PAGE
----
Chime introduced another MIME type to handle buttons, here are some examples: Chime Button Tutorial. In standard html, button scripting is handled using html and javascript.

These buttons need to be modified to use html javascript conventions. Usually this simply means creating an html input type="button", and setting it's onclick attribute to point to a javascript function which mimics the original script attribute.

Here is a simple example of a legacy script. It shows an embedded molecule, followed by a single push button, which when pressed will change the background colour and zoom in.

<EMBED src="atcg.pdb" width=640 height=480 name="molecule">

<EMBED type="application/x-spt" width=15 height=15 button="push"
background [xffffff]; 
delay .2;

Here is the same example, with the minimum changes necessary to make it work without needing the Chime plugin. Please note that the name= attribute becomes id= in the embedded molecule.

<EMBED src="atcg.pdb" width=640 height=480 id="molecule">

   <input type="button" width=15 height=15 value="run script" onclick='document.getElementById("molecule").script("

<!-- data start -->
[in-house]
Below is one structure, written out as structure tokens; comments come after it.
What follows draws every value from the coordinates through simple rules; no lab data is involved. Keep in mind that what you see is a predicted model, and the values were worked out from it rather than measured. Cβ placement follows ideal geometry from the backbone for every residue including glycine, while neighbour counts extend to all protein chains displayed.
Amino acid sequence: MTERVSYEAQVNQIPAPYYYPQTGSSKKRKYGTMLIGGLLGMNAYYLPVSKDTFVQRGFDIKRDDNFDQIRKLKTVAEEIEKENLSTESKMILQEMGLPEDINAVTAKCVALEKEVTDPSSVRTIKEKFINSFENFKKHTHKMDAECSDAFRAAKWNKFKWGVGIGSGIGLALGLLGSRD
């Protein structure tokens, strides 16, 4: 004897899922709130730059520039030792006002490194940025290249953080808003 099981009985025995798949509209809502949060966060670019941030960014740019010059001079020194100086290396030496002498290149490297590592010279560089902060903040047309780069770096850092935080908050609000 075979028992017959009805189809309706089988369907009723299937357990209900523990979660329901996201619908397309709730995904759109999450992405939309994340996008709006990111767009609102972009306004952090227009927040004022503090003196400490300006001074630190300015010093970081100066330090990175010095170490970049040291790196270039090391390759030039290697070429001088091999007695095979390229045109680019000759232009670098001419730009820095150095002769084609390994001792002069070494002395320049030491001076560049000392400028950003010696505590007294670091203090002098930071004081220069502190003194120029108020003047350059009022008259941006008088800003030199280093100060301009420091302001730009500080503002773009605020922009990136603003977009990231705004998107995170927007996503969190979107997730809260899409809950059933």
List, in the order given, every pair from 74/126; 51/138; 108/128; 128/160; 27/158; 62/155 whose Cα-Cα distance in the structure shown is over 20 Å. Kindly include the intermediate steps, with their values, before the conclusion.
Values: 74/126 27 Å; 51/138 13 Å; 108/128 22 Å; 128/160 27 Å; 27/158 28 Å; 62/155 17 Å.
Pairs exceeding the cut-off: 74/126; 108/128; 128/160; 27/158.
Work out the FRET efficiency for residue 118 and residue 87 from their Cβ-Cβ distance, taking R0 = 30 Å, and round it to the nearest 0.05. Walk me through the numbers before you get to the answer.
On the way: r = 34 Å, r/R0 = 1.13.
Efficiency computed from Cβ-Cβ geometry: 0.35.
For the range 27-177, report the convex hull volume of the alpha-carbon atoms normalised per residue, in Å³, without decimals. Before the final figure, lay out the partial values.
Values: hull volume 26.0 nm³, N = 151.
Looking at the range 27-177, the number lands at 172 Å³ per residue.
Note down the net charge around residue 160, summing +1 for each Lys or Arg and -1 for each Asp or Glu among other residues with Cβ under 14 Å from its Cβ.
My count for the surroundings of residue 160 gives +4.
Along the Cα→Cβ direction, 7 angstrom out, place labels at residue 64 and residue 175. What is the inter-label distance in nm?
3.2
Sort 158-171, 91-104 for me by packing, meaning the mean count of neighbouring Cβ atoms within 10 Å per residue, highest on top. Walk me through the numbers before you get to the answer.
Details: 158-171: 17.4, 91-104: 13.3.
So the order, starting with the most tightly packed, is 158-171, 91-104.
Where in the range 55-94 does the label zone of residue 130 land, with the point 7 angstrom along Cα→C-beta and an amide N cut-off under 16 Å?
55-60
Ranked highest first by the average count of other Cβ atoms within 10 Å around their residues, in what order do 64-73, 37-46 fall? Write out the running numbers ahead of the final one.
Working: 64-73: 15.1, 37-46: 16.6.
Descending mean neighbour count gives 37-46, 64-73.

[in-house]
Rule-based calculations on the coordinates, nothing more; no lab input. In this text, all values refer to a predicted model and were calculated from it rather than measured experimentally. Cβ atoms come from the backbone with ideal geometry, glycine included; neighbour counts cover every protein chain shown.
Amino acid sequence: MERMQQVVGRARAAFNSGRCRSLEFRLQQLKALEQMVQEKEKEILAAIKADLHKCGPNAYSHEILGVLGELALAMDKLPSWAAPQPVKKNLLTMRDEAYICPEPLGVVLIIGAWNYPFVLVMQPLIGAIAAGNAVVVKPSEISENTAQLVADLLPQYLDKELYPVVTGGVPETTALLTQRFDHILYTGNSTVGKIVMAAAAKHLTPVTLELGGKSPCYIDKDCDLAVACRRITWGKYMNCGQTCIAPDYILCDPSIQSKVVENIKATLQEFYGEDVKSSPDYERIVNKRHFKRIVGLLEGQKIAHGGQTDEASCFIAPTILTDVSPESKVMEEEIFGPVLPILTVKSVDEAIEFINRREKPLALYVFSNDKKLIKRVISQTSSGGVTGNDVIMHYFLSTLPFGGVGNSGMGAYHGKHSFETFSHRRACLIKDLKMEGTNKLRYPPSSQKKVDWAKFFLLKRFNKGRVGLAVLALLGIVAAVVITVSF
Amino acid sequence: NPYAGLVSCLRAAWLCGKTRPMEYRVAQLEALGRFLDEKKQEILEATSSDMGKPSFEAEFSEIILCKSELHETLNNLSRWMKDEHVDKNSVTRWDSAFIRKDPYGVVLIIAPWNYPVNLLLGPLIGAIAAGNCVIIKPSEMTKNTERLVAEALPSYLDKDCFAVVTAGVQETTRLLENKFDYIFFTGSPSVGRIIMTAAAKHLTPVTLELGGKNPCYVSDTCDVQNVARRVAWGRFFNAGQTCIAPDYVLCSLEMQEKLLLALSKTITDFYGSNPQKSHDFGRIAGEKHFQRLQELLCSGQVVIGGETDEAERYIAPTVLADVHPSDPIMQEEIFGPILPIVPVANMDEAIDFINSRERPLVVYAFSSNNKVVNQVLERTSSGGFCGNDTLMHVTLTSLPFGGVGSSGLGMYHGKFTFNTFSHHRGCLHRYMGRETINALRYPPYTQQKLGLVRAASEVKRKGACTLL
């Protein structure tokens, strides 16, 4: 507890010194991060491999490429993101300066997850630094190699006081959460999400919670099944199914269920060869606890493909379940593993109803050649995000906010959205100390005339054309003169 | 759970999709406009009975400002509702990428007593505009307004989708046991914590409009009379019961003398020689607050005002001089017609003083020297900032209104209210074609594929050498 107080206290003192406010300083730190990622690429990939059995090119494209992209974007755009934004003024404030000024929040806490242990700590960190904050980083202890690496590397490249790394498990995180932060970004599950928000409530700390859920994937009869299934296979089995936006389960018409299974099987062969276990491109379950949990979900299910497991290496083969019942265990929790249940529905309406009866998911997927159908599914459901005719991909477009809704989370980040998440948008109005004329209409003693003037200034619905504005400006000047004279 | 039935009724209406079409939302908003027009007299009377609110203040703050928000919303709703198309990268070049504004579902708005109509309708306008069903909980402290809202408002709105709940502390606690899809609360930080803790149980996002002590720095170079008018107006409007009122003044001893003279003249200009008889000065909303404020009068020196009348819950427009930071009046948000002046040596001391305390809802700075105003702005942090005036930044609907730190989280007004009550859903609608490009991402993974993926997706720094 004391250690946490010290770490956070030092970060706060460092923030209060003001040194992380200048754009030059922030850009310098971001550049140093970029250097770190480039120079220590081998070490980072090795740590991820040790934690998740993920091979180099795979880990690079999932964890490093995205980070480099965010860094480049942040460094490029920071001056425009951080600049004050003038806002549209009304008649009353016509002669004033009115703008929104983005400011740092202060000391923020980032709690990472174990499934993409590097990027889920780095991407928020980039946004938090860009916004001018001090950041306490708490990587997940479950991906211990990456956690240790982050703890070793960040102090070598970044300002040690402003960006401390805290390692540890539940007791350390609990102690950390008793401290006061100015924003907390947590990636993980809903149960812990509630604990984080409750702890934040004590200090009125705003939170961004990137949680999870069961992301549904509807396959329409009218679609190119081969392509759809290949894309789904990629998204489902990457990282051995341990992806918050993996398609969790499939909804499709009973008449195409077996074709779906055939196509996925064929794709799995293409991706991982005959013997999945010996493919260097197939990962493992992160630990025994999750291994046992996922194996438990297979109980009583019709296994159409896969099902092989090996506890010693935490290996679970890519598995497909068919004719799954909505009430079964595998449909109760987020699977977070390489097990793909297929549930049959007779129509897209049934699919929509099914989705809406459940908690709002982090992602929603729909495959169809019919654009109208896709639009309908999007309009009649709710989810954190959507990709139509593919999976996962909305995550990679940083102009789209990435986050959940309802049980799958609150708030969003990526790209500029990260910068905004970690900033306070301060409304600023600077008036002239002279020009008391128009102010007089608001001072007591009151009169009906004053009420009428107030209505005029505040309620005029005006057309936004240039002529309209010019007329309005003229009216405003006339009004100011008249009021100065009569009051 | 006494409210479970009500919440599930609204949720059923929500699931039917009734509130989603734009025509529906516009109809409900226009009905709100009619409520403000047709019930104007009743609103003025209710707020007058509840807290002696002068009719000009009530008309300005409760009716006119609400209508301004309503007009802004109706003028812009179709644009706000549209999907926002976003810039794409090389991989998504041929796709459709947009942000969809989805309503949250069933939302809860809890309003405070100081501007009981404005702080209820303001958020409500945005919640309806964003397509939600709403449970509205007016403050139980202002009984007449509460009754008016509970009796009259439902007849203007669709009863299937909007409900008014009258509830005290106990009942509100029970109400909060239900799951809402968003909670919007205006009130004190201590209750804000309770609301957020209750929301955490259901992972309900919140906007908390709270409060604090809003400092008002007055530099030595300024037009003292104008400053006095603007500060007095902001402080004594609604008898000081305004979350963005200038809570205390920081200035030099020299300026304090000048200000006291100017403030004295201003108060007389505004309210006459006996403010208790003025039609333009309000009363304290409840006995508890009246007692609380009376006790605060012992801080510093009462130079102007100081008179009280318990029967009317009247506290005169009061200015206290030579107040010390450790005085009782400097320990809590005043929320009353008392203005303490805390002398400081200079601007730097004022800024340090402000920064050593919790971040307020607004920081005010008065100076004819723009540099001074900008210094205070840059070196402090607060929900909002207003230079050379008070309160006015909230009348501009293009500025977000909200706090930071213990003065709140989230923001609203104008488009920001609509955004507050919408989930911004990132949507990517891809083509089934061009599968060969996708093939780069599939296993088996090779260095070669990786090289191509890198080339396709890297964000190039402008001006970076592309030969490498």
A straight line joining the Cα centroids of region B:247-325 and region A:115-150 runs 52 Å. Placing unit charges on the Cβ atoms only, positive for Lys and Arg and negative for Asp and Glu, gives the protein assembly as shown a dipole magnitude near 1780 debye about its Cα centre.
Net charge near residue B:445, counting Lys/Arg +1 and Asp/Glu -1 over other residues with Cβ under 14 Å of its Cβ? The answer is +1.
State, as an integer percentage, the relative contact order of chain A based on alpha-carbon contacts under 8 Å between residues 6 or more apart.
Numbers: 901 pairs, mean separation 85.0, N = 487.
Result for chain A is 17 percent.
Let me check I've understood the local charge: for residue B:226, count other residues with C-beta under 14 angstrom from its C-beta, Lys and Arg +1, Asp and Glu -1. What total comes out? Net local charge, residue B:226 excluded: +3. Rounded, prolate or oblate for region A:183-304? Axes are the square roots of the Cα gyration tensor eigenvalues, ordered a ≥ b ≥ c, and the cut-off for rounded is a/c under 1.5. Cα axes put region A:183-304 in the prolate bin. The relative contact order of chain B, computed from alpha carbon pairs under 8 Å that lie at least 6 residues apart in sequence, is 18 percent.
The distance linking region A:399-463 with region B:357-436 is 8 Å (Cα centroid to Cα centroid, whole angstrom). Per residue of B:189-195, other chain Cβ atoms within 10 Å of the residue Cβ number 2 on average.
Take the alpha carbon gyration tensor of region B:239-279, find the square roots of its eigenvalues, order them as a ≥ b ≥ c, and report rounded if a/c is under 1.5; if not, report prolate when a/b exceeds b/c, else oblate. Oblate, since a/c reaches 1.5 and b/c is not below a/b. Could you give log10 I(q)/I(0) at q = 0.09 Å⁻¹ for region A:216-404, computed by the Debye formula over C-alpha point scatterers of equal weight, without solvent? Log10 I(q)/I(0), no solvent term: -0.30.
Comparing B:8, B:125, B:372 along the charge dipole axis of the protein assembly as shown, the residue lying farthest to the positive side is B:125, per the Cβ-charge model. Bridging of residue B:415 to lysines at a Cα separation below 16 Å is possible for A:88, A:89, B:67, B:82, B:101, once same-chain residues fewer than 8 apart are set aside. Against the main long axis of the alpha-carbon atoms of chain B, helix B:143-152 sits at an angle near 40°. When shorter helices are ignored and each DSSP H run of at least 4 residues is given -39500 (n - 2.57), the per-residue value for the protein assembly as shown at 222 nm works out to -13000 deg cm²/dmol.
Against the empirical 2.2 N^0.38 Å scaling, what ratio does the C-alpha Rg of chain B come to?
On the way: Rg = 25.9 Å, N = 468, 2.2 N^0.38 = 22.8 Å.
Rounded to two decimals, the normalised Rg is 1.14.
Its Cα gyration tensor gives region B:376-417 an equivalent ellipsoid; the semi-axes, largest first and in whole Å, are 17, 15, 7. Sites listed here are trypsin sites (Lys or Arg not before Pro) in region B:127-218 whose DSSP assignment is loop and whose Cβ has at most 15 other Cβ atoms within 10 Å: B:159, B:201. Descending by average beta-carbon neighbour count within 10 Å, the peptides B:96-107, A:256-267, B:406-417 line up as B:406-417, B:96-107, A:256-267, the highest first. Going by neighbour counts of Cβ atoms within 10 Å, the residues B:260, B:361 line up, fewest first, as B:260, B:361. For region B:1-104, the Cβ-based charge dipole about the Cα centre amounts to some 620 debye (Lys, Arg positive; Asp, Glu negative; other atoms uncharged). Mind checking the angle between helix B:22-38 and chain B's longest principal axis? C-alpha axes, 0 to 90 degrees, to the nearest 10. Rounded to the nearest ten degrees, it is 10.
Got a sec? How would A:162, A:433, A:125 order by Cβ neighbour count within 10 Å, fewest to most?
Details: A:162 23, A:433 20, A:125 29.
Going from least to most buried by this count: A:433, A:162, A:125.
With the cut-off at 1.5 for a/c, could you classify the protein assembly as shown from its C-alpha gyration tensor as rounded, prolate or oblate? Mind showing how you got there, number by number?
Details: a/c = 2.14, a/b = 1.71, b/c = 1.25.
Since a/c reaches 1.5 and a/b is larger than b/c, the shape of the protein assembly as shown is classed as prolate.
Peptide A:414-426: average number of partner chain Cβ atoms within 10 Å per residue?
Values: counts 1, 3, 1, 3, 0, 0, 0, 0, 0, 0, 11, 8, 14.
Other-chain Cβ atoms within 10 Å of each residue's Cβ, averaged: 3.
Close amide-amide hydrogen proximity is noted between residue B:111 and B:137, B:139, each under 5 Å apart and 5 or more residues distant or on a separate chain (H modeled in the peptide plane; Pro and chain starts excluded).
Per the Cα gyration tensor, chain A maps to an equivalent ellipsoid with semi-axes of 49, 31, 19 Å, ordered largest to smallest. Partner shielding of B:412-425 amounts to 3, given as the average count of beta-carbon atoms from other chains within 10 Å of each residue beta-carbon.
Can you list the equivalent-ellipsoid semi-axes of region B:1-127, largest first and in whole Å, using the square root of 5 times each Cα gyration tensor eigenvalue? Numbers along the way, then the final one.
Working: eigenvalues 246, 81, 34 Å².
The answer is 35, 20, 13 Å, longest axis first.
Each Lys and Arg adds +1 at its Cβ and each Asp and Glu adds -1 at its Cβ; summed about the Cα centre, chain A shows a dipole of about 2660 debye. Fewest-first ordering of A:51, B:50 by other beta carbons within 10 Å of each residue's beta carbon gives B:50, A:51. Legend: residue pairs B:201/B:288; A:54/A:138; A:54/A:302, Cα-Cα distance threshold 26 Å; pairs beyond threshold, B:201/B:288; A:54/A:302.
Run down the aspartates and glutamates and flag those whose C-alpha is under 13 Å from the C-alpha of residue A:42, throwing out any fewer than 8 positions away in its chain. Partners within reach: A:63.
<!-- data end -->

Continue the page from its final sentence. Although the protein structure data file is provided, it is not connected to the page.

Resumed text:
background [xffffff]; 
delay .2;
   ")' />

And finally here is the same example corrected to use modern standard html:

<object src="atcg.pdb" type="chemical/x-pdb" width="640" height="480" id="molecule"/>

<script type="text/javascript">
   function button_script()
      var molecule = document.getElementById('molecule');
      molecule.bgcolour = 'white';
   <input type="button" value="run script" onclick='button_script()' />

Animation Locate in Contents

If a molecular model file contains more than one set of molecular data, then each set will be treated as a separate frame in an animation. Here is an example: Molecular Viewer Animation

Interesting Example Pages Locate in Contents

Sites to Visit Locate in Contents

There are many web sites which embed molecules in their pages. Unfortunately, due to the lack of a capable cross-platform plug-in for so long, many have switched to embedding java <applet> jmol code in place of the standard <object> format.